Our moulding machines are called Clara and Calle. Calle shapes all of our torso fabric like a huge mangle, and Clara shapes some 200,000 legs and sleeves per year with the help of different forms. Some of the forms used today were also used when we were called Vinetta and made nylon tights more than 50 years ago.
After the material has been heated up and shaped, it needs to be left for a day before it is time to cut out the pieces that will then be sewn together into garments. We do our best to use as much of the fabric as possible from every tube. The tubes are placed in layers, and the weight of the material determines how many layers can fit in the spreader machine at once. To create as little waste as possible, the length is set based on the size that is to be made. Then each tube is marked up using garment patterns. At this stage, the fabric is checked once again and we mark up any scrap, lines or other defects in the fabric. Once the tube has been laid out it is then moved to the cutting table.
To get even and straight edges throughout the entire tube when using such a soft material as Ullfrotté Original, the whole tube must be cut through in one go. To achieve this, we use cutting moulds and a press. The cutting moulds come in different shapes and sizes, depending on what is being made. The moulds have a sharp jagged edge that lies against the material. They are placed out on the fabric like cake forms and are then pushed into the press. This is repeated until the entire tube has been used and the pieces are ready to be sewn into garments.
Even though we optimise the material so that there is as little wastage as possible, there is always some leftover material. We press this together to make felt. We then make products such as insoles and sitting pads from the felt. Taking advantage of the waste material and creating other usable products is both smart and sustainable. We also sell the felt material that you can buy to make your own products.
Pull-out: Feel free to share the products you create on social media using the hash tag #woolpowerDIY. We think it’s great to see how our material is used and would love you to inspire others to be creative.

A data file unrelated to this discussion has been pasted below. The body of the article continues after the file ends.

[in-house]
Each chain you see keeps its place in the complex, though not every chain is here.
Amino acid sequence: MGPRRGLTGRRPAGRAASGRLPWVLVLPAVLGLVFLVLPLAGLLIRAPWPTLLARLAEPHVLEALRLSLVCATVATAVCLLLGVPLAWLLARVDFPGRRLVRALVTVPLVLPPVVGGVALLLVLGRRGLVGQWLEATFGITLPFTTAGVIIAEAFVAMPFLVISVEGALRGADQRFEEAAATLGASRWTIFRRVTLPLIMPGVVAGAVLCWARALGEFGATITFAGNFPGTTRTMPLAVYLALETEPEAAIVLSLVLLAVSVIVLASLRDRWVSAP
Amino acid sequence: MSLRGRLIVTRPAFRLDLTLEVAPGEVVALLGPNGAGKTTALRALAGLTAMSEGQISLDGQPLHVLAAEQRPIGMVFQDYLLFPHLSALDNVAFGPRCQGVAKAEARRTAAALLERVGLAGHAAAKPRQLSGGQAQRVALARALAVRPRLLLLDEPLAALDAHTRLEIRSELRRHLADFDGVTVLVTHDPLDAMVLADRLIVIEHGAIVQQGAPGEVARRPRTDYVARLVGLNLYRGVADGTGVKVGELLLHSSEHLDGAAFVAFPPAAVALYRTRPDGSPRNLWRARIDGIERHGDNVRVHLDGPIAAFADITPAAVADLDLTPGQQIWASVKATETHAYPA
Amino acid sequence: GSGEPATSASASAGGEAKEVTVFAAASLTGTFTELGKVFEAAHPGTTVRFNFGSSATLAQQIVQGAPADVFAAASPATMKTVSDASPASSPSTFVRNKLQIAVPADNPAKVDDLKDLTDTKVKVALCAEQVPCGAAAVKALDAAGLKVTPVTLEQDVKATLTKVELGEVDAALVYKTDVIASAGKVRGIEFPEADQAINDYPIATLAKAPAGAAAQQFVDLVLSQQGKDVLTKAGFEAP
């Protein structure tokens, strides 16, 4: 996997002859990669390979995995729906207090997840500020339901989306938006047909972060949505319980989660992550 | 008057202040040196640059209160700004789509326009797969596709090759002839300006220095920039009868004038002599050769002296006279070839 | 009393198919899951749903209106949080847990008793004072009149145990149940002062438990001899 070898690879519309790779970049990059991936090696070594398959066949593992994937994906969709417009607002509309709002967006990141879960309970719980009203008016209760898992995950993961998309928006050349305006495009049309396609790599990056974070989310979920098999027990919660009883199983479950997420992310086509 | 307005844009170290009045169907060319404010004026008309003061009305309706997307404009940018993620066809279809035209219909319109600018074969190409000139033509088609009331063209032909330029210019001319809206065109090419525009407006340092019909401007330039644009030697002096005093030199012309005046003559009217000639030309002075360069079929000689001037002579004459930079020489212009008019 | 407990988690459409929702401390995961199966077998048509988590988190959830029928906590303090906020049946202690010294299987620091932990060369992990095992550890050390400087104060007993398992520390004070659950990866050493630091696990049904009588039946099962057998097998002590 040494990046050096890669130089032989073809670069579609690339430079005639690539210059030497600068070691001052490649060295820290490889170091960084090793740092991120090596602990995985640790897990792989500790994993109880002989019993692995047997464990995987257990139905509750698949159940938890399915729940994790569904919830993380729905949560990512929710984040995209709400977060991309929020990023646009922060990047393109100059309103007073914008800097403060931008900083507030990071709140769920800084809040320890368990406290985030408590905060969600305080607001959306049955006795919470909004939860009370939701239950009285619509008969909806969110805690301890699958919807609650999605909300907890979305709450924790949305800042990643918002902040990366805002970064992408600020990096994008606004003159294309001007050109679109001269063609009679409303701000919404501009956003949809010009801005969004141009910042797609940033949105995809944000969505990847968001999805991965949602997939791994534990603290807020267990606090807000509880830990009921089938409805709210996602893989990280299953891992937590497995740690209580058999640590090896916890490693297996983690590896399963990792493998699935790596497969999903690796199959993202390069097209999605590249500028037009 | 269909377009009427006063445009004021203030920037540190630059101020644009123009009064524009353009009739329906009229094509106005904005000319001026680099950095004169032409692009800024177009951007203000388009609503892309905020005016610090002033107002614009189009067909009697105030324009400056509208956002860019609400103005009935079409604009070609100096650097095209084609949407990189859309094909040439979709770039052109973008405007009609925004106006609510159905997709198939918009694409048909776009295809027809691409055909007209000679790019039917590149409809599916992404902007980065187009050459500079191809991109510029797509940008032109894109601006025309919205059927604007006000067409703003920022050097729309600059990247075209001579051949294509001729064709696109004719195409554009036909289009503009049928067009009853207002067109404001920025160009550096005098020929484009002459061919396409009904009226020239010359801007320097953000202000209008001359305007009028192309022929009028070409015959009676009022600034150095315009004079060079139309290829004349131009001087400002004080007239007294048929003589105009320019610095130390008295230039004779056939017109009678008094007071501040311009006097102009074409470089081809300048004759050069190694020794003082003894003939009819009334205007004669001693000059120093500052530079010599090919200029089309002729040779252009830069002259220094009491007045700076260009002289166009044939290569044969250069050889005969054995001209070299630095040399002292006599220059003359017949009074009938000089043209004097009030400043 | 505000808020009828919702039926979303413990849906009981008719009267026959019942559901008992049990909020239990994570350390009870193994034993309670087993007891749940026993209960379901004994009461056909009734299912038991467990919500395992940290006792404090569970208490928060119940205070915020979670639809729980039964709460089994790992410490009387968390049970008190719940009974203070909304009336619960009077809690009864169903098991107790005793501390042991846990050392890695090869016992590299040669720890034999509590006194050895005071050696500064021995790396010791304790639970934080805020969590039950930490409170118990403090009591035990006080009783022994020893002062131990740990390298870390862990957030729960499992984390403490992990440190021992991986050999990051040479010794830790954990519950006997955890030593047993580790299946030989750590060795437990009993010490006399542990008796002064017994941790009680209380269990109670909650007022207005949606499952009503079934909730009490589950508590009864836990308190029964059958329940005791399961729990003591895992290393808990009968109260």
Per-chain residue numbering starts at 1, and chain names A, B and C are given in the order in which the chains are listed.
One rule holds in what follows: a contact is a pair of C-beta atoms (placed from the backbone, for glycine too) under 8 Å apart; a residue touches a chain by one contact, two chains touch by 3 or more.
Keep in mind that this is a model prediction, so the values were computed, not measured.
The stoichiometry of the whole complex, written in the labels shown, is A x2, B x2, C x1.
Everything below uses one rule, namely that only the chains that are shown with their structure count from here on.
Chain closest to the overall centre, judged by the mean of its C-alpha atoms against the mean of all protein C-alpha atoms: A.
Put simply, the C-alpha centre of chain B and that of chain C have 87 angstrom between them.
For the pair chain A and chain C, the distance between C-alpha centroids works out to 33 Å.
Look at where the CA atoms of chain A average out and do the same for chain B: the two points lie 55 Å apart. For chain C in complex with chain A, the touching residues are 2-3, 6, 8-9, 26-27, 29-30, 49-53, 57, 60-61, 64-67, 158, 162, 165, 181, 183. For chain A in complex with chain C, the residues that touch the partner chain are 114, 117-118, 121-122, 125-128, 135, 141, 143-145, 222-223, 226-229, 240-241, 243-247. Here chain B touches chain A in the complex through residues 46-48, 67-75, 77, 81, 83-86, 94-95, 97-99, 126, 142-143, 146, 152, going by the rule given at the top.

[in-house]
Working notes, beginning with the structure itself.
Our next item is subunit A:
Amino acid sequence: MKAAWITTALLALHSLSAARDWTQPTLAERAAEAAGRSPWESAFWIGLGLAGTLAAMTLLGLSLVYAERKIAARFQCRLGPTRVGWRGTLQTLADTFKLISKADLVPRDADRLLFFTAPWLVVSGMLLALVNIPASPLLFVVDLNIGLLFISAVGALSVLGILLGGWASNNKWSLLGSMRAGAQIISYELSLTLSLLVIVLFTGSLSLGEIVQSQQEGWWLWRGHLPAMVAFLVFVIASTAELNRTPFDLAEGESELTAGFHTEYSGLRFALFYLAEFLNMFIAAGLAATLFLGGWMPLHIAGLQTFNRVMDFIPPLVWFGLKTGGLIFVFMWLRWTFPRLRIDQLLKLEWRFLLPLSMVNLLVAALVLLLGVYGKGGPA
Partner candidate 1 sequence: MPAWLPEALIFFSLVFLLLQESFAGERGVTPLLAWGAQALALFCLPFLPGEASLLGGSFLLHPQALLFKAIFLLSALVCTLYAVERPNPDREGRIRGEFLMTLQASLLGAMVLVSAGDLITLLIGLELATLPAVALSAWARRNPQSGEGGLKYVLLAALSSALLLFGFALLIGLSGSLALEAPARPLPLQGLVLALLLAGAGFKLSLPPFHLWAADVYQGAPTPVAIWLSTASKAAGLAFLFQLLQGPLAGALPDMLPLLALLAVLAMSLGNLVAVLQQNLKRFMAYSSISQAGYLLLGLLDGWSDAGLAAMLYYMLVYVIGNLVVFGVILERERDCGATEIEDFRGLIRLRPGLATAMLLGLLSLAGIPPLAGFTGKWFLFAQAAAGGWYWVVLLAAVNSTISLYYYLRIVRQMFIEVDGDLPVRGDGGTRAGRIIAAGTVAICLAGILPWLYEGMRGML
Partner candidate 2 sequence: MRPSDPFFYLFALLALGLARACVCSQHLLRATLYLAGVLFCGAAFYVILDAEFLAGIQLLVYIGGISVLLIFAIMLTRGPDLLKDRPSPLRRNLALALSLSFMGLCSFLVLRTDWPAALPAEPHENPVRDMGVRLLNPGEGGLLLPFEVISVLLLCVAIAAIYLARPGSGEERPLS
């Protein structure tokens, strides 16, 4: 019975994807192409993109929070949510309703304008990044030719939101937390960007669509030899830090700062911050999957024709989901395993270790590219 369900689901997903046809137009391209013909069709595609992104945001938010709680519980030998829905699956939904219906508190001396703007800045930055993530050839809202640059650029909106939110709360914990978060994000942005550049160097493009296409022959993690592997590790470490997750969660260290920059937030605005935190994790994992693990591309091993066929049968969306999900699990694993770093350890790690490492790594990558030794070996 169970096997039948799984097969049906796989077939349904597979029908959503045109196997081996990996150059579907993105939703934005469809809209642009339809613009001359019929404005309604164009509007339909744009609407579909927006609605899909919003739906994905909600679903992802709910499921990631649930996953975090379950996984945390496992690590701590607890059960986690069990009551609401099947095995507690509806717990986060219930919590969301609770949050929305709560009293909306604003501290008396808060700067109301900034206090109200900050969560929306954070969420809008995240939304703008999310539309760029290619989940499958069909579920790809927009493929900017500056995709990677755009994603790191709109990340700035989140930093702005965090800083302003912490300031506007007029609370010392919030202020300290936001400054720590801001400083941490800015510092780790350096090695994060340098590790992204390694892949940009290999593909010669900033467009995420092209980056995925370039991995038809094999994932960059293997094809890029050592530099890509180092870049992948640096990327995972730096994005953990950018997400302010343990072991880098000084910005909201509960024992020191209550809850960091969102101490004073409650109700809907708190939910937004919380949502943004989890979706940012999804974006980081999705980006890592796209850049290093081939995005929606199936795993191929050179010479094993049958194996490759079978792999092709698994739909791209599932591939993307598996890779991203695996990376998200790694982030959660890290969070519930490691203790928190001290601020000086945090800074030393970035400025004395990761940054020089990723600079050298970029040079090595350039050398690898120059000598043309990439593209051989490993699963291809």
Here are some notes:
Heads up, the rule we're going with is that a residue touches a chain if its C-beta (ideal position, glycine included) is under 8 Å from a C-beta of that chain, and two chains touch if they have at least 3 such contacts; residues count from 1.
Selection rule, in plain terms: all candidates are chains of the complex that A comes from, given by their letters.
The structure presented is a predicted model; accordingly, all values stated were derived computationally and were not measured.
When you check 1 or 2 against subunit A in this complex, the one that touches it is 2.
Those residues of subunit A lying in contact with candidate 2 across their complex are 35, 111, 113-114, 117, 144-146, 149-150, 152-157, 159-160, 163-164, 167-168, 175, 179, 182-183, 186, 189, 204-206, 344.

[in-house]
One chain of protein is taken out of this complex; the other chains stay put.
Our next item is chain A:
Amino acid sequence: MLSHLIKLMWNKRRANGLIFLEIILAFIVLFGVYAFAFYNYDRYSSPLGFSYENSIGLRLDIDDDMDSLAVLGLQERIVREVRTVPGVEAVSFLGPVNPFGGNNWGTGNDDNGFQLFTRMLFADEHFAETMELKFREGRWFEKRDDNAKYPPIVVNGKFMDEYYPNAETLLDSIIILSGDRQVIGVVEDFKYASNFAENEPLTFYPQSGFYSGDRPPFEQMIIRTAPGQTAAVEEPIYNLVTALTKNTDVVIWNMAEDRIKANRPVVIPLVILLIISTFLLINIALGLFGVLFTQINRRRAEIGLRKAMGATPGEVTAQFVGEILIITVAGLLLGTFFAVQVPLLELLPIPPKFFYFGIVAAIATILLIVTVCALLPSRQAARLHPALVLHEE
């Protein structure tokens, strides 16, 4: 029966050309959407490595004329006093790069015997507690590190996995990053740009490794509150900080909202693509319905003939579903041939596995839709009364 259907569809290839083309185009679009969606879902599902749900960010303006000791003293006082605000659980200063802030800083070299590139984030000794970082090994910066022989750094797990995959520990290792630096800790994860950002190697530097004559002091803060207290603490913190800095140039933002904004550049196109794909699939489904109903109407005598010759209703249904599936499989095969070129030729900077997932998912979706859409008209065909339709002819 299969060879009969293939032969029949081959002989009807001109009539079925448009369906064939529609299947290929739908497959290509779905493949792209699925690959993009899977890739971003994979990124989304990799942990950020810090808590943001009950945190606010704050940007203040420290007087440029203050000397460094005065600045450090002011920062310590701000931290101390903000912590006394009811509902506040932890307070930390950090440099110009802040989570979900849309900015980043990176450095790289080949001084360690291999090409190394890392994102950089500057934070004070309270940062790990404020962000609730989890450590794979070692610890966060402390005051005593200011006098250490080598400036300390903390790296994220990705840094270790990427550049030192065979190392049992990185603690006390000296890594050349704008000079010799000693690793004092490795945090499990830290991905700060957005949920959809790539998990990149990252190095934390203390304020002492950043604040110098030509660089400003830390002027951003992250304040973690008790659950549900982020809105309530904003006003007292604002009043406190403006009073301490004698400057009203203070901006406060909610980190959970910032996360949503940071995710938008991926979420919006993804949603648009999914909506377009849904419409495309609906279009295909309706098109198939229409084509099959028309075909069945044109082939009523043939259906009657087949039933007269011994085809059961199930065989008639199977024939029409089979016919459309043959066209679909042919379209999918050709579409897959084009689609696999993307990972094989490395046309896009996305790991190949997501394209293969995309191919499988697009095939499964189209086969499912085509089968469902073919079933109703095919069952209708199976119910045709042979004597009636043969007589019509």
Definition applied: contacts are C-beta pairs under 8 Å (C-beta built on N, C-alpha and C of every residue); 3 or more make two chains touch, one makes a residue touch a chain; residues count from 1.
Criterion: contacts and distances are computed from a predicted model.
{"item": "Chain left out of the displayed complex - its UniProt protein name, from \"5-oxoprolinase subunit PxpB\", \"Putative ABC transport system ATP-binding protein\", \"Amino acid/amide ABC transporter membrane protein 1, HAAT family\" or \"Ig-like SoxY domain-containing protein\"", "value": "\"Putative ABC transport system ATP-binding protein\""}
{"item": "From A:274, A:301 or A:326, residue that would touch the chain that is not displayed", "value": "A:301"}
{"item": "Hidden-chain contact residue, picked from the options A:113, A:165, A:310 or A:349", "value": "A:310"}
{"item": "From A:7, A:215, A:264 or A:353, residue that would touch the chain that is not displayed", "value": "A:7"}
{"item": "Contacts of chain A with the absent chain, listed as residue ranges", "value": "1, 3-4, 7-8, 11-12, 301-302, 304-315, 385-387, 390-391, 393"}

We have nine sewing lines in total and our seamstresses are divided into teams that work with different products. Some of them sew jackets and vests, while others sew accessories, long johns or zipped turtlenecks. Nobody is paid per item and quality is always prioritised over quantity. If a seamstress notices any fault in the process, he or she stops production to correct the fault.
In a traditional textile factory, each machine is manned by a seamstress who sews only one kind of seam or detail all the time, and then sends the garment along to the next person who sews a different seam. This often leads to a very monotonous and stressful working environment.
Here at Woolpower we’ve changed all that. The person doing the sewing moves from machine to machine and acts as their own quality controller, with the support of the quality standards we have established in the factory. Moving between the machines also creates a better working environment for the seamstresses as they get a more natural variation in their work.
So, it is the same seamstress that sews your entire garment, from the first to the final seam. Once the entire garment has been sewn, the seamstress checks and approves it by signing the garment with their own name. That’s why the name tag is both a quality seal, as well as way to help our customers understand that behind every garment is a person. A person with a great deal of knowledge about their craft.
If any kind of defect is noticed, the seamstress simply cuts off their name tag and the garment is sold at a reduced price, as an imperfect product in our factory outlet store. It all helps to prevent throwing away material unnecessarily.
When the garments have been sewn and are ready they go to the packing department. That’s where the clothes are packed into their boxes and marked with the right labels before being sent to warehousing.
Finally, the clothes arrive at the warehouse, from where products are sent to customers around the world.